Courtesy of NARBAJohn R. Clark poses with his priomocane-fruiting Prime-Ark 45 blackberry, which has the potential to increase both the harvest window for blackberries and the geographic range for commercial production.New varieties of blackberries bred with the intent to increase the harvest window and geographic range earned John Clark the Distinguished Service Award from the North American Raspberry and Blackberry Association.
Clark, a professor of horticulture at the University of Arkansas, describes his work as “controlled evolution.” In addition to running what the university’s website says is the “world’s largest blackberry breeding program,” Clark also oversees testing and breeding programs for blackberries in Europe, Central and South America, Japan and Australia.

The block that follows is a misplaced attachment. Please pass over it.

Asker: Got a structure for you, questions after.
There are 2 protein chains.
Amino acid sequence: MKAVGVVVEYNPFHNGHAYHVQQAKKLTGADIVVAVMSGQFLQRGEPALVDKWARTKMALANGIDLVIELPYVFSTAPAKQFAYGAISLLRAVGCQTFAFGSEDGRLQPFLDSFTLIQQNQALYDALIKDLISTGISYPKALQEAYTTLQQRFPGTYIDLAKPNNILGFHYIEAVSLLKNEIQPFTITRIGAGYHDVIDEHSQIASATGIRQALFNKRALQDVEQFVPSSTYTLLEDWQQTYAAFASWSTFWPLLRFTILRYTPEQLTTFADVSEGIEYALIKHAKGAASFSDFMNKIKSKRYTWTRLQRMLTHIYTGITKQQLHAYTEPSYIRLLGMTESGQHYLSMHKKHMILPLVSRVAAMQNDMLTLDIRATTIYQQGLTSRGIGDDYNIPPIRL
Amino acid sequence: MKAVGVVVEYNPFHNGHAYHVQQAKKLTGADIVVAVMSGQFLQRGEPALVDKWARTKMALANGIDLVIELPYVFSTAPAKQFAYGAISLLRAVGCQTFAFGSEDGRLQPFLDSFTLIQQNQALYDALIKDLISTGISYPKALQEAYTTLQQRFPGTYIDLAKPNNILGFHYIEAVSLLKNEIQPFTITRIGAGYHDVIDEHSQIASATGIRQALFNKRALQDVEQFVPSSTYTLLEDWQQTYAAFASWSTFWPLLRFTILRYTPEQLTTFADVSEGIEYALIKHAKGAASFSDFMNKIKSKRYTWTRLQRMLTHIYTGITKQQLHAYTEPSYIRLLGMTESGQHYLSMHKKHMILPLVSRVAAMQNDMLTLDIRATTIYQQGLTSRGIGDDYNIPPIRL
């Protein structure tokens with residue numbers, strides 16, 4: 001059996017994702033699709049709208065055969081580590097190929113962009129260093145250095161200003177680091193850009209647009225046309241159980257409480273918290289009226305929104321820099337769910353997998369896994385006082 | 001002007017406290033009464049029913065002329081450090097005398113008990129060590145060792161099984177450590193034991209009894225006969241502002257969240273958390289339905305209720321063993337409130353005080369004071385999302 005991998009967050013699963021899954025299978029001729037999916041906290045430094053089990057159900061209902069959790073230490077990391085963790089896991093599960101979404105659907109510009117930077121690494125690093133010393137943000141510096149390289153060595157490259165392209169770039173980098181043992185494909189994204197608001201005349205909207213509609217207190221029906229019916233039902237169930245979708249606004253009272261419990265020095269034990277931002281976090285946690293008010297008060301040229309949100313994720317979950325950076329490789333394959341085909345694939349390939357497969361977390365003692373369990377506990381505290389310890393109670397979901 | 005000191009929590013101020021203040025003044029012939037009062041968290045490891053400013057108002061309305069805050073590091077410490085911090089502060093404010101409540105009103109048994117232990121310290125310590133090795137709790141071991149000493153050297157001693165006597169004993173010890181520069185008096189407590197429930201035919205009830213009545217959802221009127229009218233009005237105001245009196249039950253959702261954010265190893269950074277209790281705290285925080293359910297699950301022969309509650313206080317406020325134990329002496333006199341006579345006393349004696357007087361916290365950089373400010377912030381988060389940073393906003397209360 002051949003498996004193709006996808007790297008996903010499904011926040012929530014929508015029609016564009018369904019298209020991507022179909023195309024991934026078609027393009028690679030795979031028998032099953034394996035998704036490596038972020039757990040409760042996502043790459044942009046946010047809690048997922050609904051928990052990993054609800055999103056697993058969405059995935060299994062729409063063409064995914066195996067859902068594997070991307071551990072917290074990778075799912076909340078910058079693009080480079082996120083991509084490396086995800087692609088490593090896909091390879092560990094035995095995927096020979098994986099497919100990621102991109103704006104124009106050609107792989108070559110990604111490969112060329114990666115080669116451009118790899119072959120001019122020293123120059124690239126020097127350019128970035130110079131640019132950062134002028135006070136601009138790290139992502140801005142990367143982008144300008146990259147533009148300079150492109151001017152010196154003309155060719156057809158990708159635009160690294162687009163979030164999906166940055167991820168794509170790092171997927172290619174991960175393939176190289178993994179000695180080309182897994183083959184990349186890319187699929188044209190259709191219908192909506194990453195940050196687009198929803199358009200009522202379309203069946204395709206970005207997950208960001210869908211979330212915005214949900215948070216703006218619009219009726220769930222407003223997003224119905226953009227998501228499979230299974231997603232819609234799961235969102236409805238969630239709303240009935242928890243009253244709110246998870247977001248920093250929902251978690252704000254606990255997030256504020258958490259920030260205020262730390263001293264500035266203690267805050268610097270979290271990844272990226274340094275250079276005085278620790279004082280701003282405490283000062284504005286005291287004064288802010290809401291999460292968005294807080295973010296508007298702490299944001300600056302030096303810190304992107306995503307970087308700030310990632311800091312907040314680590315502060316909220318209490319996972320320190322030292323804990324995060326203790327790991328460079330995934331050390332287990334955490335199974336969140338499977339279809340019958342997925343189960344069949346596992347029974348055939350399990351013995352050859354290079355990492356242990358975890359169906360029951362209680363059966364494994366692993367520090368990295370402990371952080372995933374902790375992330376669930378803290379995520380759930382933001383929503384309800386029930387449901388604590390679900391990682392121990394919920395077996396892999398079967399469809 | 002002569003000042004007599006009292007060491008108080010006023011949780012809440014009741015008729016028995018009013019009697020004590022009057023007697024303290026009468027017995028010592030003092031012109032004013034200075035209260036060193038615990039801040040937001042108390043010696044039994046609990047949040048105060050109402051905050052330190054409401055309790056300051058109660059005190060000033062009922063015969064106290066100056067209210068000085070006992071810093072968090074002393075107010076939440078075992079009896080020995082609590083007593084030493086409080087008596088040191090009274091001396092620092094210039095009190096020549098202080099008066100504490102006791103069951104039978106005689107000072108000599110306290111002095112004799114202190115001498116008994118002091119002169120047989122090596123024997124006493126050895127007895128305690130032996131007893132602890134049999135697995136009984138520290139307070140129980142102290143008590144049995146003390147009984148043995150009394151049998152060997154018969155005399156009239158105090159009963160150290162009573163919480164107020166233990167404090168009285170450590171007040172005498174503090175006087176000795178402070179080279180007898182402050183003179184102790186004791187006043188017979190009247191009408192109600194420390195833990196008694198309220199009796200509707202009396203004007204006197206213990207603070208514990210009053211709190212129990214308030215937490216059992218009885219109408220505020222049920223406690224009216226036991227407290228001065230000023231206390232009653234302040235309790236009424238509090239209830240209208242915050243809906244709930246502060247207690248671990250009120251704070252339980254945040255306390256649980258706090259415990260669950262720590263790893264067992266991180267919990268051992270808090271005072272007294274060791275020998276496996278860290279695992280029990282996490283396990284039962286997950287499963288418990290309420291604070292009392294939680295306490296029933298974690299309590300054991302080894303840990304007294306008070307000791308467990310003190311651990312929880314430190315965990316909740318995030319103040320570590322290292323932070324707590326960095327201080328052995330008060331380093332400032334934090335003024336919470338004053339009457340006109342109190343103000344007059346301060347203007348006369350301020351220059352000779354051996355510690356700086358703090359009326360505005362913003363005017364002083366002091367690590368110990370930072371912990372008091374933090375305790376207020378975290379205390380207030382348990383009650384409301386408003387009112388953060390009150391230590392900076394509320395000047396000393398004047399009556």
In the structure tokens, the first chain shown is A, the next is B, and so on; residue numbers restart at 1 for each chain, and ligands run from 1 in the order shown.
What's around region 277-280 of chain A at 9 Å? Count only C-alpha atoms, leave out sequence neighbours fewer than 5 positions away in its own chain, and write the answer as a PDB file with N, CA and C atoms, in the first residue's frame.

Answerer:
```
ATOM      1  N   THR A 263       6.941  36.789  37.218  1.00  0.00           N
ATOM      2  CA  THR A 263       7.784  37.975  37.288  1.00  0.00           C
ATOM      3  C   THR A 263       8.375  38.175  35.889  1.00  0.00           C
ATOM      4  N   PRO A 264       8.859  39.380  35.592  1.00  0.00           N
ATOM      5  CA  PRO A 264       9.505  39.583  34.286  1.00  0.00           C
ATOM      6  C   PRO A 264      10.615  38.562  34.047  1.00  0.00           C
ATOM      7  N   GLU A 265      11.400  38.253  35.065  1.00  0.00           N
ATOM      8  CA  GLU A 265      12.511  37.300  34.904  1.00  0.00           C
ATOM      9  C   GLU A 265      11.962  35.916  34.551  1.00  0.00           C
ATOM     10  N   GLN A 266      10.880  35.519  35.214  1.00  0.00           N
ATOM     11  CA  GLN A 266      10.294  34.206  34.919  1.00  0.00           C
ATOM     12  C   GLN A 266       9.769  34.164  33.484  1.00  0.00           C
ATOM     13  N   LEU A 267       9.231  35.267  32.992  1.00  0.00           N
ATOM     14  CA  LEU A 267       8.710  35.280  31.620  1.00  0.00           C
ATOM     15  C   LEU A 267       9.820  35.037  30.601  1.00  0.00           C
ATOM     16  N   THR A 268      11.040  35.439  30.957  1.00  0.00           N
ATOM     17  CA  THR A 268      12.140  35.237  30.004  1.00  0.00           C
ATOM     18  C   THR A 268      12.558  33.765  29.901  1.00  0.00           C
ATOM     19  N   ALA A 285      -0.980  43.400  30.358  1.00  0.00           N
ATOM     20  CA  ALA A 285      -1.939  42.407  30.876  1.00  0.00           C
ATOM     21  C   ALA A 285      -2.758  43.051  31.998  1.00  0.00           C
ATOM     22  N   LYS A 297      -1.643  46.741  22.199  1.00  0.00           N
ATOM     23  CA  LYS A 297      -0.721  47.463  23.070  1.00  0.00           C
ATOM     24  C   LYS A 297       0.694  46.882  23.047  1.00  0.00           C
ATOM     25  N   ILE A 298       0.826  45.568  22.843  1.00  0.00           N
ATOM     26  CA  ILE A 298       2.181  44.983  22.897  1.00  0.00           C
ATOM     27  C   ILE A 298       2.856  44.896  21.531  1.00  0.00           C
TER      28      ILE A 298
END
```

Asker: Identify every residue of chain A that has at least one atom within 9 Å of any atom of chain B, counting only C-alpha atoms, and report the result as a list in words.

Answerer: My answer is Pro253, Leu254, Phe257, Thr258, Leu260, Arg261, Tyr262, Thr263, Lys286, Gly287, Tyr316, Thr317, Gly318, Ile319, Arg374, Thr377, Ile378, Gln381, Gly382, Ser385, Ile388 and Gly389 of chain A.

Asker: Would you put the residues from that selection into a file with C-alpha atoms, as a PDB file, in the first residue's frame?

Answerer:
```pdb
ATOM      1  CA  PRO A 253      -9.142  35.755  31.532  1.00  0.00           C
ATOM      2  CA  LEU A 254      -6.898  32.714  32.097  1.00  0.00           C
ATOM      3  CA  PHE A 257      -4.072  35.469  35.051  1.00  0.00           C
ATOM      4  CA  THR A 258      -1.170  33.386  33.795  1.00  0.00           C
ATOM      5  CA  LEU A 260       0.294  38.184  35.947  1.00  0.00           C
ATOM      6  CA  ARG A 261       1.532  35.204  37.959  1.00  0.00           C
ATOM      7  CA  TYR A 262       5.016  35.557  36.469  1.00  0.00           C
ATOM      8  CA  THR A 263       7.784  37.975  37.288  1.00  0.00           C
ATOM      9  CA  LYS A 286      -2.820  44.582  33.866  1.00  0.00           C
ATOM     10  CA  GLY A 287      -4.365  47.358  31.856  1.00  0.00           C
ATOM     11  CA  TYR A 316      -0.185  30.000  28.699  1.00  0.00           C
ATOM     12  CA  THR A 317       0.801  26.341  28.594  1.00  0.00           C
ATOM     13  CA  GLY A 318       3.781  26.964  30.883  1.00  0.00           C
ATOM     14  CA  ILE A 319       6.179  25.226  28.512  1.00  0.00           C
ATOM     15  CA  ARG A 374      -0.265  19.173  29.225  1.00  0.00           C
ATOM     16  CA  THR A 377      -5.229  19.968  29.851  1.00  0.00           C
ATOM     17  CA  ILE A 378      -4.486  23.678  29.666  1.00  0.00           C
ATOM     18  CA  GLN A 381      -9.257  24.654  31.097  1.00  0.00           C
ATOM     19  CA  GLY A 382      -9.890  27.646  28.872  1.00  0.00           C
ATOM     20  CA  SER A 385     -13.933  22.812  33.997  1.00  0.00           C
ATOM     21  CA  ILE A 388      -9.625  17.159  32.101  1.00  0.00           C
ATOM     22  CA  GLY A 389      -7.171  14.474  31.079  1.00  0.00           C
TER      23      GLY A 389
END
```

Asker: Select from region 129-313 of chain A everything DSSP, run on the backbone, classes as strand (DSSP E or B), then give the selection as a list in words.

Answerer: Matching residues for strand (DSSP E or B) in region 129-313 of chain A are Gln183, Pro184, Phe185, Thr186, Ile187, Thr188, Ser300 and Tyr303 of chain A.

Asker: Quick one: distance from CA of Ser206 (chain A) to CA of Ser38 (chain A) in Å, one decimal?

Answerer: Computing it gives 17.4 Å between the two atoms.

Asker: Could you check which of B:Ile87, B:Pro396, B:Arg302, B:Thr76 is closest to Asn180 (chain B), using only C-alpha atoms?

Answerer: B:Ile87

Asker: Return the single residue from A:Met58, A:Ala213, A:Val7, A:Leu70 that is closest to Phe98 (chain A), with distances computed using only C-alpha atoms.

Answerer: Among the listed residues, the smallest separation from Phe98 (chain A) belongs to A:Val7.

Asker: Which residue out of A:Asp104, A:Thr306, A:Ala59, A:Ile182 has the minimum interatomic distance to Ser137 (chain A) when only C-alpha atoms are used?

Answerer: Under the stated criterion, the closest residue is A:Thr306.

The North American Raspberry and Blackberry Association recognized Clark’s work at its annual meeting Jan. 16. Incoming NARBA president Nathan Milburn of Milburn Orchards, Elkton, Md., said in a release announcing the award that Clark is the breeder behind many of the leading varieties of blackberries grown today.
In particular, Clark’s primocane varieties — Prime Jim, Prime Jan and PrimeArk 45 — are of interest to North American growers because they were bred for longer fruiting seasons and commercial production. Clark is also the breeder behind numerous popular varieties, including the recently released Natchez and Ouachita blackberries that thrive in the Eastern U.S. and California.
The NARBA membership includes growers and researchers in more than 35 states, 8 Canadian provinces and five other countries.